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Herb of the week: Willowherb, Fireweed.

[image:16759 align=left hspace=1]A short profile:

Latin: Epilobium angustifolium and other species of Epilobium. You can use various evening primroses instead: that's Camissonia and Oenothera species. Or try Gaura, if you can't find any of those.
Family: Onagraceae, evening primrose family.
Parts used: Leaf.
Taste: Astringent.
4 humors: Dry.

Actions:

  • A great gut anti-inflammatory.
  • Enhances general enzyme production in the stomach lining.
  • Good for the prostate.

Food uses:

  • The young shoots can be eaten like asparagus. Like asparagus, the secret is in the sauce: a nice bearnaise or hollandaise does wonders, as does plain salted butter (or butter and salt). Yum! Twist off the young leaf at the top end, though: that bit is too strong in taste for willowherb "asparagus".
  • Add leaf and flowers to salads and the like, but don't add too much.

Notes:

  • The flowers will explode into a light, air-filling fluff. If you pick them do so without the thicker flower stem, which is loaded with said fluff.
  • The flowers are even more astringent than the leaf. Don't use flowers in your green powders.
  • Generally, I pick the leaf off the stems in the woods and meadows and carry just the leaf home with me. Picking whole stems and hanging those to dry is quicker, so if you're in a hurry, go for that instead.

Experiences:

  • I add willowherb leaf to all teas for people with digestive problems.
  • The leaf is nice for those who plan to change their diet drastically: it cuts down or eliminates digestive upset from that change. That's omnivore -> vegetarian or the other way around, and that's traveling far far away for a while.
  • The leaf can be given to lads with enlarged prostates; they'll fare even better if they start to move those buttocks.

Comments on Facebook:

http://www.facebook.com/note.php?note_id=390078111003626

  • From Jen B.:
    Henriette--thanks for teaching me about the benefits of this "weed" we have wild in Upper Michigan!
    Any tips on how to transplant some? When? Or gather seeds? If I cut some and put it in water, would roots grow?
    24 March at 22:00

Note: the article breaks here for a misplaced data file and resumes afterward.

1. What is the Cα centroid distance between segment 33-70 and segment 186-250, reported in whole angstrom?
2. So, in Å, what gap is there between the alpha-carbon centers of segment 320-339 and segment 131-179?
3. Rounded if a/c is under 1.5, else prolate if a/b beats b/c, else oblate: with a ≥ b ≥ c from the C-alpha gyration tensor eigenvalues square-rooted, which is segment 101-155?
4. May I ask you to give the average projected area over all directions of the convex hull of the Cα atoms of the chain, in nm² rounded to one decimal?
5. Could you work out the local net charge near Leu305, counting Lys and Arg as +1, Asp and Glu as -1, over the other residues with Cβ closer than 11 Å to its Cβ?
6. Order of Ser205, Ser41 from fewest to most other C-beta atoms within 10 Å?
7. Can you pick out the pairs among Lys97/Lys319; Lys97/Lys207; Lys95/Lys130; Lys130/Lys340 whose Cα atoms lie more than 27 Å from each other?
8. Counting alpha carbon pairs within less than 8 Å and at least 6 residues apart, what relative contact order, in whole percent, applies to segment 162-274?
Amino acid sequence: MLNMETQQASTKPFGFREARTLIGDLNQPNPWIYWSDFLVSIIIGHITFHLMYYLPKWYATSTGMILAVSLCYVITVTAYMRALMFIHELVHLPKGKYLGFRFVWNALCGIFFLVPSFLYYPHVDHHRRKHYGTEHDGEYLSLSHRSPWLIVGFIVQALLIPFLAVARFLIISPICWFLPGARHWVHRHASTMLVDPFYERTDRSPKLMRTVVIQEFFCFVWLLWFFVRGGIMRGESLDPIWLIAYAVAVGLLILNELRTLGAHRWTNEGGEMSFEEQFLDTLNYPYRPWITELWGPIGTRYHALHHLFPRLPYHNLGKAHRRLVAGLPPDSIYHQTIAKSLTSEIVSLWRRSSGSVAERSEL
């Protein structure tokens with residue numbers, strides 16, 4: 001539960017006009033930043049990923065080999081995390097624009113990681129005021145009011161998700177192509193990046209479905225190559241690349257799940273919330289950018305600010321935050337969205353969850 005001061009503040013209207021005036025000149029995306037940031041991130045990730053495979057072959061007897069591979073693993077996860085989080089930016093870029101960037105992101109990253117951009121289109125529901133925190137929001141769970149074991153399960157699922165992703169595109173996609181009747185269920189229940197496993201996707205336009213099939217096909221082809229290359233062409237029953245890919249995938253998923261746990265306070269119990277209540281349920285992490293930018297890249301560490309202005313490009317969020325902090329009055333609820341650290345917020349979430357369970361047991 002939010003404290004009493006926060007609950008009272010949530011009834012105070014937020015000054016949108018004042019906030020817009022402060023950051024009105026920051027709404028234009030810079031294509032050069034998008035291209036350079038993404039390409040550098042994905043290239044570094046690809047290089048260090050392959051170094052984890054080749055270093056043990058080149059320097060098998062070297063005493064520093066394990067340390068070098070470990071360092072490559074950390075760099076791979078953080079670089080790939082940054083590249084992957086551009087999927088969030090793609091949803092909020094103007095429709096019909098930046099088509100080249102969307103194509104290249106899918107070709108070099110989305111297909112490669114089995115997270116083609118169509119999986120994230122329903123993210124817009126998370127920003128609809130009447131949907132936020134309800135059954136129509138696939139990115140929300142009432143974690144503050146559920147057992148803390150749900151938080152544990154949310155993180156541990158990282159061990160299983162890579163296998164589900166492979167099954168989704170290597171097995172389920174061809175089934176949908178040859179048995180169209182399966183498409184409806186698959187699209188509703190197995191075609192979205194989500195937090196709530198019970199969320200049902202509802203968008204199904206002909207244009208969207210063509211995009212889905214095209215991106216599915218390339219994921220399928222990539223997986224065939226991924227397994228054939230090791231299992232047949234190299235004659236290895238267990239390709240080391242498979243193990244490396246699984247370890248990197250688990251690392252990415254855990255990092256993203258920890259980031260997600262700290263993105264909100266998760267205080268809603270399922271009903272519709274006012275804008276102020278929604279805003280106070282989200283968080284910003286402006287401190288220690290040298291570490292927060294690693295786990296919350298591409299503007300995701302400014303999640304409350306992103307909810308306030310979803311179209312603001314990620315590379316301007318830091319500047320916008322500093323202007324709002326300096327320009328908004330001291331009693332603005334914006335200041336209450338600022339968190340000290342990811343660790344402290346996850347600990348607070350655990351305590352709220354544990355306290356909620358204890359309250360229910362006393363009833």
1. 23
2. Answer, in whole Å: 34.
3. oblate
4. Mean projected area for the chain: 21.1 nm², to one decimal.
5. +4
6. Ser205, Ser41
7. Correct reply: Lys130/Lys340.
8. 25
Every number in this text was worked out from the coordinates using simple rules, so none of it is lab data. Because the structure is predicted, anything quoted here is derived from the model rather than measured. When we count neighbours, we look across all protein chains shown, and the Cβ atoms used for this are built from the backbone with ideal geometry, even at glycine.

• From Henriette's herbal:
    It's _so_ abundant here that I haven't had to think about propagation at all. Go for other Epilobiums, go for Oenotheras (or Camissonias), go for Gauras, if this one doesn't grow where you're at.
    24 March at 22:41
  • From Jen B.:
    I should have clarified a bit more...it does grow close by, but I want to share w/ a friend long distance, and move some onto my hillside. =D
    24 March at 23:55
  • From Jen B.:
    Thanks for the PDF from your contest...reading, "Appearance: The young shoots have an abundance of tiny leaves at the top; they are hairless. Any leaves on the stem spiral up along it. The leaves have smooth edges." Nice photos!
    Curious leaves, too--make an easier Spring ID, "The leaves of Fireweed are unique in that the leaf veins are circular and do not terminate on the edges of the leaf, but form circular loops and join together inside the outer leaf margins. This feature makes the plants very easy to identify in all stages of growth. When Fireweed first emerges in early spring, it can closely resemble several highly toxic members of the lily family, however, it is easily identified by its unique leaf vein structure." http://troymullens.wordpress.com/2009/10/18/fireweed-chamerion-angustifolium/
    25 March at 05:25
  • From Jan F:
    A local chef here in Homer, Alaska, USA makes fireweed vinaigrette with the blooms. We have vast fields of fireweed that bloom here in the summer. He pays people to harvest the blooms. .... I love young chefs who are always trying something new!
    12 March at 14:50
  • From Henriette's herbal:
    Cool! An outfit here makes a sugary lemony fizzy drink from the flowers; pretty color, but its all too sweet for my tastes. (It's made the same way you'd make elderflower fizzy.)
    12 March at 15:08
  • From Craig W.:
    When we did a plant study on Epilobium with the Scottish School, one of the important phrases that came out for me was 'burnt out in the headlong rush to the top'. Always thought is might make a good medicine for burned out execs with prostate problems? Has anyone ever used it for 'off label' indications?
    12 March at 17:11
  • From IIMH:
    Yes, I remember you saying that about Epilobium now, but thanks for the reminder! I haven't used it much at all, but must revisit.
    12 March at 20:51
  • From Craig W.:
    So many herbs, so little time! :-) I also remember that the preparation that had the best taste and 'feel' to it was a whole plant infusion that Chris Hedley made. My flowering tops tincture was quite a taste experience....
    13 March at 14:29
  • From Michelle R.:
    Apparently it is meant to have an enzyme to help herb cuttings grow as well.
    16 March at 08:57

Comments on the herblist:

http://lists.ibiblio.org/mailman/listinfo/herb

  • From Sarah
    Date: 2012 03 14 - 23:44:38 +0200

    I use the tall late summer stalks to make twine - using the same method as for nettle. I'm sure there are more practical uses, but I really like the elegant, gold-straw colored bracelets that can be made.


Please add your own experiences etc. in the comments!


Willowherb is in my book, Practical Herbs, and it's the sample herb to boot! Compare and contrast this blurb with the willowherb text in the book.



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